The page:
What do we need our councils to do to help protect nature? The threat is huge and the response needed must be also.
Demand: Manchester City Council and other GM councils must declare an ecological and climate emergency.
What does this mean? Nature and climate must take must higher priority in decision making. The council must consider climate and ecological impact on all planning at all levels.
Demand: The Greater Manchester Strategic Framework (GMSF) consultation must be halted to fully take into account of the UN warning.
What does this mean? Since the GMSF process began the UN issued a report which told us that the loss of nature is an urgent threat to human lives. The latest report constitutes extraordinary enough circumstances/ information that the only responsible reaction is to make sure this consideration is central.
The GMSF proposes building on greenbelt. Recognising the emergency means recognising that greenbelt is a vital resource which must be protected. Greater Manchester councils must adopt a brownfield first policy, as advocated by the Campaign to Protect Rural England. Some brownfield sites are valuable for biodiversity – these must be protected.
Demand: Manchester and other GM councils must have a clear strategy for how to make the cities more wildlife friendly, including nature corridoors across the city.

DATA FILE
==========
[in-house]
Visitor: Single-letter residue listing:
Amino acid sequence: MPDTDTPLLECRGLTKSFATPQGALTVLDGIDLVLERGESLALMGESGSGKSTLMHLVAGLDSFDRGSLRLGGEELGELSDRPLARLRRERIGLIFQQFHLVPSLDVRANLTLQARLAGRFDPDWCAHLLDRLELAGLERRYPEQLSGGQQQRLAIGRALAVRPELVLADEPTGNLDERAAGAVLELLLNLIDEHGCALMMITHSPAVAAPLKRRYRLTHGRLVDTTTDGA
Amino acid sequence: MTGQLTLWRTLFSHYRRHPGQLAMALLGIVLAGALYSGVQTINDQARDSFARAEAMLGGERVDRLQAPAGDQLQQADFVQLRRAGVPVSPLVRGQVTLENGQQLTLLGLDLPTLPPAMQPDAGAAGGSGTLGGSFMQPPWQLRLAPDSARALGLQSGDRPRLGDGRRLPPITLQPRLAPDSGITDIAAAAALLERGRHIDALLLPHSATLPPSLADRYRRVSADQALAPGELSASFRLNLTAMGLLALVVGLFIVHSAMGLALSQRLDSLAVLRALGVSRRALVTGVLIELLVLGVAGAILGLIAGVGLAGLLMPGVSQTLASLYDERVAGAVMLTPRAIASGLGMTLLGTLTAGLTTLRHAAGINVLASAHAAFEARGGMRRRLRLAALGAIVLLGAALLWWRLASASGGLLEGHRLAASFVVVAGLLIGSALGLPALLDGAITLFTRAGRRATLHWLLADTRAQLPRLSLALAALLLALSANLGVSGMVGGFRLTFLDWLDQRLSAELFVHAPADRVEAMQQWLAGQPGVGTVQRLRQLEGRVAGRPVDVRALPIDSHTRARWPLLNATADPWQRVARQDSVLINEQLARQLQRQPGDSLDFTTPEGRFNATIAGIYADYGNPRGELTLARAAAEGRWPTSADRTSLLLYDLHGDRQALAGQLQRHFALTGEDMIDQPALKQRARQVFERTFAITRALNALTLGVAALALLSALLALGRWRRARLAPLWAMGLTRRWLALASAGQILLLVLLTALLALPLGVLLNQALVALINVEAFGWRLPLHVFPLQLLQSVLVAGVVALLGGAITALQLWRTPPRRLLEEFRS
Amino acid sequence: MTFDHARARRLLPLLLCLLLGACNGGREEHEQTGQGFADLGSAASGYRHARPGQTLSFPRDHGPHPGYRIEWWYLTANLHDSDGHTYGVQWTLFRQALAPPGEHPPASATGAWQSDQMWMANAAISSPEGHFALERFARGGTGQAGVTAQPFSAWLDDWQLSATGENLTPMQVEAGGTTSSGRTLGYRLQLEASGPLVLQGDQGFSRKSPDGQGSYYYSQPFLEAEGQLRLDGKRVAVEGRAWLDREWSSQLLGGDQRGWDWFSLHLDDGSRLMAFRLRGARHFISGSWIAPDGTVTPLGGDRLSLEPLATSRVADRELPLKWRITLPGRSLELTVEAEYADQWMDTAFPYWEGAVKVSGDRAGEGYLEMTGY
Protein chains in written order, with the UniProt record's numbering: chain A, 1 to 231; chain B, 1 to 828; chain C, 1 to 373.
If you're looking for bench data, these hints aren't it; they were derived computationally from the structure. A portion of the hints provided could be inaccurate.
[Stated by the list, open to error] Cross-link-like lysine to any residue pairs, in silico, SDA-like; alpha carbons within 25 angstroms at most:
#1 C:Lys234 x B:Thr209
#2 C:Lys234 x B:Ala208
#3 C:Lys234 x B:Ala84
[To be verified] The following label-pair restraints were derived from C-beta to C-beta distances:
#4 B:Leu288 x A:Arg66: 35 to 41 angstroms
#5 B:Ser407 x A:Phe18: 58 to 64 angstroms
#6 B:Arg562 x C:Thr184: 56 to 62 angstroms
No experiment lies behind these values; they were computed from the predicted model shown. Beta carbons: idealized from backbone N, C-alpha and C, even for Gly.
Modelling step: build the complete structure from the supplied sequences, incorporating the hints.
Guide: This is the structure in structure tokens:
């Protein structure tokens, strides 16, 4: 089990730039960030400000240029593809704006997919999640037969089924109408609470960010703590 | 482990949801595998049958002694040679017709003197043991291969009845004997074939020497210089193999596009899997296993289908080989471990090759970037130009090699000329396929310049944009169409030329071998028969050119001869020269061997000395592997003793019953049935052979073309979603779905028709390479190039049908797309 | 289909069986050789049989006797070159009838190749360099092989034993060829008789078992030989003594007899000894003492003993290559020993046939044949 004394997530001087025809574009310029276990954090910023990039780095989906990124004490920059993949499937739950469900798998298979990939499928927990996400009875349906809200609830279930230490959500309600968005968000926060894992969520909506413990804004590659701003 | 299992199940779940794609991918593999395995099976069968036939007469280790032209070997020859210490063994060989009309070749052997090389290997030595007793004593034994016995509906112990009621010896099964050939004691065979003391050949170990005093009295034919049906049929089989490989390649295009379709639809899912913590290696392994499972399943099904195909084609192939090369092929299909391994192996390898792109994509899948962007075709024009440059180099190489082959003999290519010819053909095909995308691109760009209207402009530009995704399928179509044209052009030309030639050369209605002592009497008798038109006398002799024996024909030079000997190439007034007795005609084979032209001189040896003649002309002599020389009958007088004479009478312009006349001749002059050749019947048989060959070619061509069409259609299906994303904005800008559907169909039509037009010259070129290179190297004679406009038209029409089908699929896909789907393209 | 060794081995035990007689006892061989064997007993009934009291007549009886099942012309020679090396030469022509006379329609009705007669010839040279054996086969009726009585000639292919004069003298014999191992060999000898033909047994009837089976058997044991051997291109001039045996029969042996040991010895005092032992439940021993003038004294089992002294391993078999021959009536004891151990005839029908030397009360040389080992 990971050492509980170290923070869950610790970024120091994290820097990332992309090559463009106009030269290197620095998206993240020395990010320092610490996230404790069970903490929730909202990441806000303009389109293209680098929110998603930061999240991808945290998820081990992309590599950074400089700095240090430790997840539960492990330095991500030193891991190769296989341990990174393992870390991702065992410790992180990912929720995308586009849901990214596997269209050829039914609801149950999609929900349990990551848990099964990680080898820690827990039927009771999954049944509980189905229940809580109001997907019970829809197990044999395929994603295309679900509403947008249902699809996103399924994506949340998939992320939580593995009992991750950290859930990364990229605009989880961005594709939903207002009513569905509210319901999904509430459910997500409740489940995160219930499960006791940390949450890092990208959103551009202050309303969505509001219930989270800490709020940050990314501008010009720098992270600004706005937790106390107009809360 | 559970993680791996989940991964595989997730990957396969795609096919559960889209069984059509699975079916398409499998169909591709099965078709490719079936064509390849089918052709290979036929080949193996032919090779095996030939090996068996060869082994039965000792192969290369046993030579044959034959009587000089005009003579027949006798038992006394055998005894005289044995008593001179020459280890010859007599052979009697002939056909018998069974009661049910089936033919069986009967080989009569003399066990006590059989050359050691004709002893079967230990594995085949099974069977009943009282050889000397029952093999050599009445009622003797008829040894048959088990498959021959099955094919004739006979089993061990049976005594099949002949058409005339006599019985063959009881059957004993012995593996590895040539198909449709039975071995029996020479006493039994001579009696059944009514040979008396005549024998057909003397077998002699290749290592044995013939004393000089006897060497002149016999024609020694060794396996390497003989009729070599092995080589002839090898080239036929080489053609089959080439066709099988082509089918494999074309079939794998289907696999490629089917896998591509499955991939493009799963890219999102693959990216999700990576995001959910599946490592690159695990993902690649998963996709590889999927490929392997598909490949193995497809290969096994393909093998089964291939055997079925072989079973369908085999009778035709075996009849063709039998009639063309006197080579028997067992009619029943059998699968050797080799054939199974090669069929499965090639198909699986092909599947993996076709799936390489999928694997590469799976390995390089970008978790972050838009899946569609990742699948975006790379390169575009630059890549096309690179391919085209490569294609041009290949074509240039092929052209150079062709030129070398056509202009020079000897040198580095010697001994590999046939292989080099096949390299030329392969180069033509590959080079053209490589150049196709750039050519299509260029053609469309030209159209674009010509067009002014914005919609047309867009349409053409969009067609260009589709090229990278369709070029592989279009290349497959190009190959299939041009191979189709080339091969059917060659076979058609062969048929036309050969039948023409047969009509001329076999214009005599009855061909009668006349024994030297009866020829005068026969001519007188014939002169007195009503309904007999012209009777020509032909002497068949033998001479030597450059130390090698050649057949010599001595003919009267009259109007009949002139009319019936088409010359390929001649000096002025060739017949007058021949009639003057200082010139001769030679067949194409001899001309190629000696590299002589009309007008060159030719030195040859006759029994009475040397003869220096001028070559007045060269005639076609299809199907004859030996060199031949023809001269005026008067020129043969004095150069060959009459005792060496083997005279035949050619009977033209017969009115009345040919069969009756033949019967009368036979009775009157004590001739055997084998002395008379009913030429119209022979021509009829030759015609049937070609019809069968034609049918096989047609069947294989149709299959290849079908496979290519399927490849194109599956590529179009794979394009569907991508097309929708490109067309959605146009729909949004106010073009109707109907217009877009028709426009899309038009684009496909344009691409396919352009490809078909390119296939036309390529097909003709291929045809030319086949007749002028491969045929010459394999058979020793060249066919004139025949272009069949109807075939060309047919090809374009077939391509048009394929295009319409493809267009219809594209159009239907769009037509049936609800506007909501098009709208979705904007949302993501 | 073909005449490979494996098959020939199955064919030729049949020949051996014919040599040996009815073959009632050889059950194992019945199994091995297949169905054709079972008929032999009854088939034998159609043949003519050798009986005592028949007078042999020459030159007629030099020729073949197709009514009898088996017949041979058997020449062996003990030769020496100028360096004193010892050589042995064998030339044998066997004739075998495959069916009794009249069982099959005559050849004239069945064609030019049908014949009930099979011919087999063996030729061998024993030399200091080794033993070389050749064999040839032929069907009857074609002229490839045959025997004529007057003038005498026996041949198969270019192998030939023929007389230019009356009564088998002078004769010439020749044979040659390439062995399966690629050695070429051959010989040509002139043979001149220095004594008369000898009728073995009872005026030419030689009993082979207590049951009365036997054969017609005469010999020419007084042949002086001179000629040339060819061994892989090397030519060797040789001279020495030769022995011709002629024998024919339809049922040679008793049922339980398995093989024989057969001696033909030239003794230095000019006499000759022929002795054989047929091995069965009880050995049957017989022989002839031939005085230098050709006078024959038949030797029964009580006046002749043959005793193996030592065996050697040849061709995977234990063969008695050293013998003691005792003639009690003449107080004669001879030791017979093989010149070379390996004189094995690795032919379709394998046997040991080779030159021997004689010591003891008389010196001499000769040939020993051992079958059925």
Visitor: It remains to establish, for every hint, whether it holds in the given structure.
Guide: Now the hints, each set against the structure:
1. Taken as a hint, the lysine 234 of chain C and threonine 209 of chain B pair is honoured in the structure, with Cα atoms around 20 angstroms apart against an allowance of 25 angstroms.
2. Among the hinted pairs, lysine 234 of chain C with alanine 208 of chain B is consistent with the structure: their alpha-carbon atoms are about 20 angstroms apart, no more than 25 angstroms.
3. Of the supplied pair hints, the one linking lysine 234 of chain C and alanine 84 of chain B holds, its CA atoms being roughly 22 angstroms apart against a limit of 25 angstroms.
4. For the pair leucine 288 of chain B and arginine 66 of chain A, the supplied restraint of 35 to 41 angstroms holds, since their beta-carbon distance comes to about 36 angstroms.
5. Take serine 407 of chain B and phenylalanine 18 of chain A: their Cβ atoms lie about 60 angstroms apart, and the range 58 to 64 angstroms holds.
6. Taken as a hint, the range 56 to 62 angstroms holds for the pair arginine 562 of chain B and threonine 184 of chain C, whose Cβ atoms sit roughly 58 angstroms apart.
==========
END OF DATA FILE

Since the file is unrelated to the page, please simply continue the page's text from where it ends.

What does this mean? There is work being done on this but it lacks proper urgency or ambition. Achieving a much greater area of varied biodiverse habitats and preservation of habitat needs to be a key aim. Rewilding must take place on a large scale. Established trees and areas of habitat must be recognised and valued as the precious resources that they are, with policies which protect them.
Demand: Greater Manchester councils must drop their support for HS2.
What does this mean? HS2 will devastate around 100 biodiverse rich ancient forests. Planting new trees cannot make up for destroying irreplaceable natural habitat and ecosystems. Research has also shown that the HS2 could draw capital into London, rather than benefitting the north. In 2014 Andy Burnham described it as a “poor deal for most of the region’s taxpayers”
Demand: Greater Manchester councils must implement low-cost immediate policies to help nature.
What does this mean? They use of pesticides must be banned from all public land including from allotments. They should also reduce mowing of public grassy areas and allow wild areas wherever possible.
There is also a need for visible projects which engage the public. We will be putting forward proposals for gardening and gardens for the city, including for permaculture beds in Piccadilly Gardens and for a living gardens bee trail. We need to engage hearts and minds and people need to be able to see visible signs of change in our cities.
Please. Share this page on social media. Email your councillor and include a link.
There will be more proposals to follow on the wider climate emergency and carbon reduction needed.